Colder weather and early sunsets are becoming common in South Carolina, meaning light and power bills are expected to be a little higher than usual and many residents will need help to pay higher bills.
For Linda Robinson, it wasn’t anything that she could control that set her behind, but she was trying her hardest to keep up with each month’s statement.
“I had around $100 or so stolen,” Robinson said. “It got stolen and I was playing catch-up, when God had a fix for me and Salvation Army paid my bill this month.”
Robinson said that after her money was stolen, she tried to catch up and simply couldn’t, which is why she reached out for help.
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“They are free-hearted and they help anyone that needs the help and I’m so glad to be in the midst of those people.”
The Woodyard Fund, run by the Salvation Army, was originally started in 1816 by the Ladies Benevolent Society who provided firewood, and later coal, to families in need.
In 1930, the fund was embraced by then-editor of The State newspaper, William E. Gonzales, a tradition continued today.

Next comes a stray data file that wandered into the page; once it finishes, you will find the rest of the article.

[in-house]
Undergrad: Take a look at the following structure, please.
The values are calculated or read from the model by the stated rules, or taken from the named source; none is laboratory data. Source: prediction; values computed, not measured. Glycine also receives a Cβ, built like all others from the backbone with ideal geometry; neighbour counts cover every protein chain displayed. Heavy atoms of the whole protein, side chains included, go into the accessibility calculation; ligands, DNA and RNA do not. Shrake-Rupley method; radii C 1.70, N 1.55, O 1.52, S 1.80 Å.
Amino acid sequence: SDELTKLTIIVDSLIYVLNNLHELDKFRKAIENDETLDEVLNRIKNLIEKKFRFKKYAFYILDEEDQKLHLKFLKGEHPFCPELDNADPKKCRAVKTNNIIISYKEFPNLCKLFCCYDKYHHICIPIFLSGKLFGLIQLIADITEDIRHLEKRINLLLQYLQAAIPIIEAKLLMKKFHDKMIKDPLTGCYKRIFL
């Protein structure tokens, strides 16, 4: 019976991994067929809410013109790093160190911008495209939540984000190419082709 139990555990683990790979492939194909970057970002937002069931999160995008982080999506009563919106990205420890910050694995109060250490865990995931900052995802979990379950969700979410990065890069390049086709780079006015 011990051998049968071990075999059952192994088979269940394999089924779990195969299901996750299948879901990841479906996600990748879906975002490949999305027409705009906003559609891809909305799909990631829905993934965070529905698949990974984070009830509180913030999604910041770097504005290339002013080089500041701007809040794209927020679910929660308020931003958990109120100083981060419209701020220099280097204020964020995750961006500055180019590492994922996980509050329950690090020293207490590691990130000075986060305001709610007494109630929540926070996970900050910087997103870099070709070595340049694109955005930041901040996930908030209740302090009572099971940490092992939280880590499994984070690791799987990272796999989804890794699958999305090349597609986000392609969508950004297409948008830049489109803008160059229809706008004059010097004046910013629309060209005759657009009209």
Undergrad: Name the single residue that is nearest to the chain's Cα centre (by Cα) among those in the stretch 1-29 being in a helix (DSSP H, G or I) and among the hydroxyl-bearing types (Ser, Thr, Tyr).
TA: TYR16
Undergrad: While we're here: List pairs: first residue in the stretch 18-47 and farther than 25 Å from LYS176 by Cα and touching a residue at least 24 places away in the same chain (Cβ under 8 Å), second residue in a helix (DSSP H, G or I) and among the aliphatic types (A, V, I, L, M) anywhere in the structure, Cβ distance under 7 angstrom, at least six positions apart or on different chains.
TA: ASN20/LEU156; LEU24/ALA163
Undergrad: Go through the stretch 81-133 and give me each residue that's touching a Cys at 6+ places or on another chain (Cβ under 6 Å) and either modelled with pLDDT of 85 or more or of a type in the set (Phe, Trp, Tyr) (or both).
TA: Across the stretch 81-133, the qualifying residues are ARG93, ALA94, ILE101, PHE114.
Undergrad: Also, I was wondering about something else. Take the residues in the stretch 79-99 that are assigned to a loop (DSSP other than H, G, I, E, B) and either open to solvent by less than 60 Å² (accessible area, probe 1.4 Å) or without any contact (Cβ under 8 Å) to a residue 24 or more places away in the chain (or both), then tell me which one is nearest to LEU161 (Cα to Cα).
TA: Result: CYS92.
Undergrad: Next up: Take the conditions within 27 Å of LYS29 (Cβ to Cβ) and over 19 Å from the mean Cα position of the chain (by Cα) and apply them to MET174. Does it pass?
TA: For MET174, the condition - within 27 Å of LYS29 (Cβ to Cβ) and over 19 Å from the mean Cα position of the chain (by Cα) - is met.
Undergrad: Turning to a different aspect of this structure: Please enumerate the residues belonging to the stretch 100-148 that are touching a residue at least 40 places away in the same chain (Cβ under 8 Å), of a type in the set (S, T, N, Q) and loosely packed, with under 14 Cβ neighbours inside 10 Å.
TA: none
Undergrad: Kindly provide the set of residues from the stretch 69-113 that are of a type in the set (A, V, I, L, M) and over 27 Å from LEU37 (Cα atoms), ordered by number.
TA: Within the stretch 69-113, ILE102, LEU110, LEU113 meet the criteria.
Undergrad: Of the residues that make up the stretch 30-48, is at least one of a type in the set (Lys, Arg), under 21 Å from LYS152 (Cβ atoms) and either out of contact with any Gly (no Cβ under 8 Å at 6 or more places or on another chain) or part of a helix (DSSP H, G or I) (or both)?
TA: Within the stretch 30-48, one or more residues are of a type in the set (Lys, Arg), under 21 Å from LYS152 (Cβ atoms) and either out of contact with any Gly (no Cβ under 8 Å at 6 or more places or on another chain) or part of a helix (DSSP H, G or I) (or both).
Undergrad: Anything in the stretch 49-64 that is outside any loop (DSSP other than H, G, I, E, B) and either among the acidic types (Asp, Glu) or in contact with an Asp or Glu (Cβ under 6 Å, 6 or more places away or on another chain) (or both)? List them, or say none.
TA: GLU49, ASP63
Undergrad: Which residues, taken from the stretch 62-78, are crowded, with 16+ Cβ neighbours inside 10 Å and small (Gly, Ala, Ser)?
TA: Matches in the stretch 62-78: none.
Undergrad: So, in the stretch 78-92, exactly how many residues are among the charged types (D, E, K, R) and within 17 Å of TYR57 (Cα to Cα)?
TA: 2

The fund helps pay energy bills for Richland, Lexington, Fairfield and Newberry county residents who are in crisis situations.
Some are unaware of programs available to them, but Robinson has first-hand experience with how helpful the Salvation Army is, as she attends their church on Farrow Road.
“I came to South Carolina in 1997 to get my life together,” Robinson said. “A friend of mine introduced me and they have inspired me and taught me how to love myself and love others.”
This week, a total of $11,441.66 had been donated to the fund, pushing the total to $72,834.66 for the season. The fund typically runs from late November to mid-March.
“You couldn’t meet a group of people that love others as much as they do.”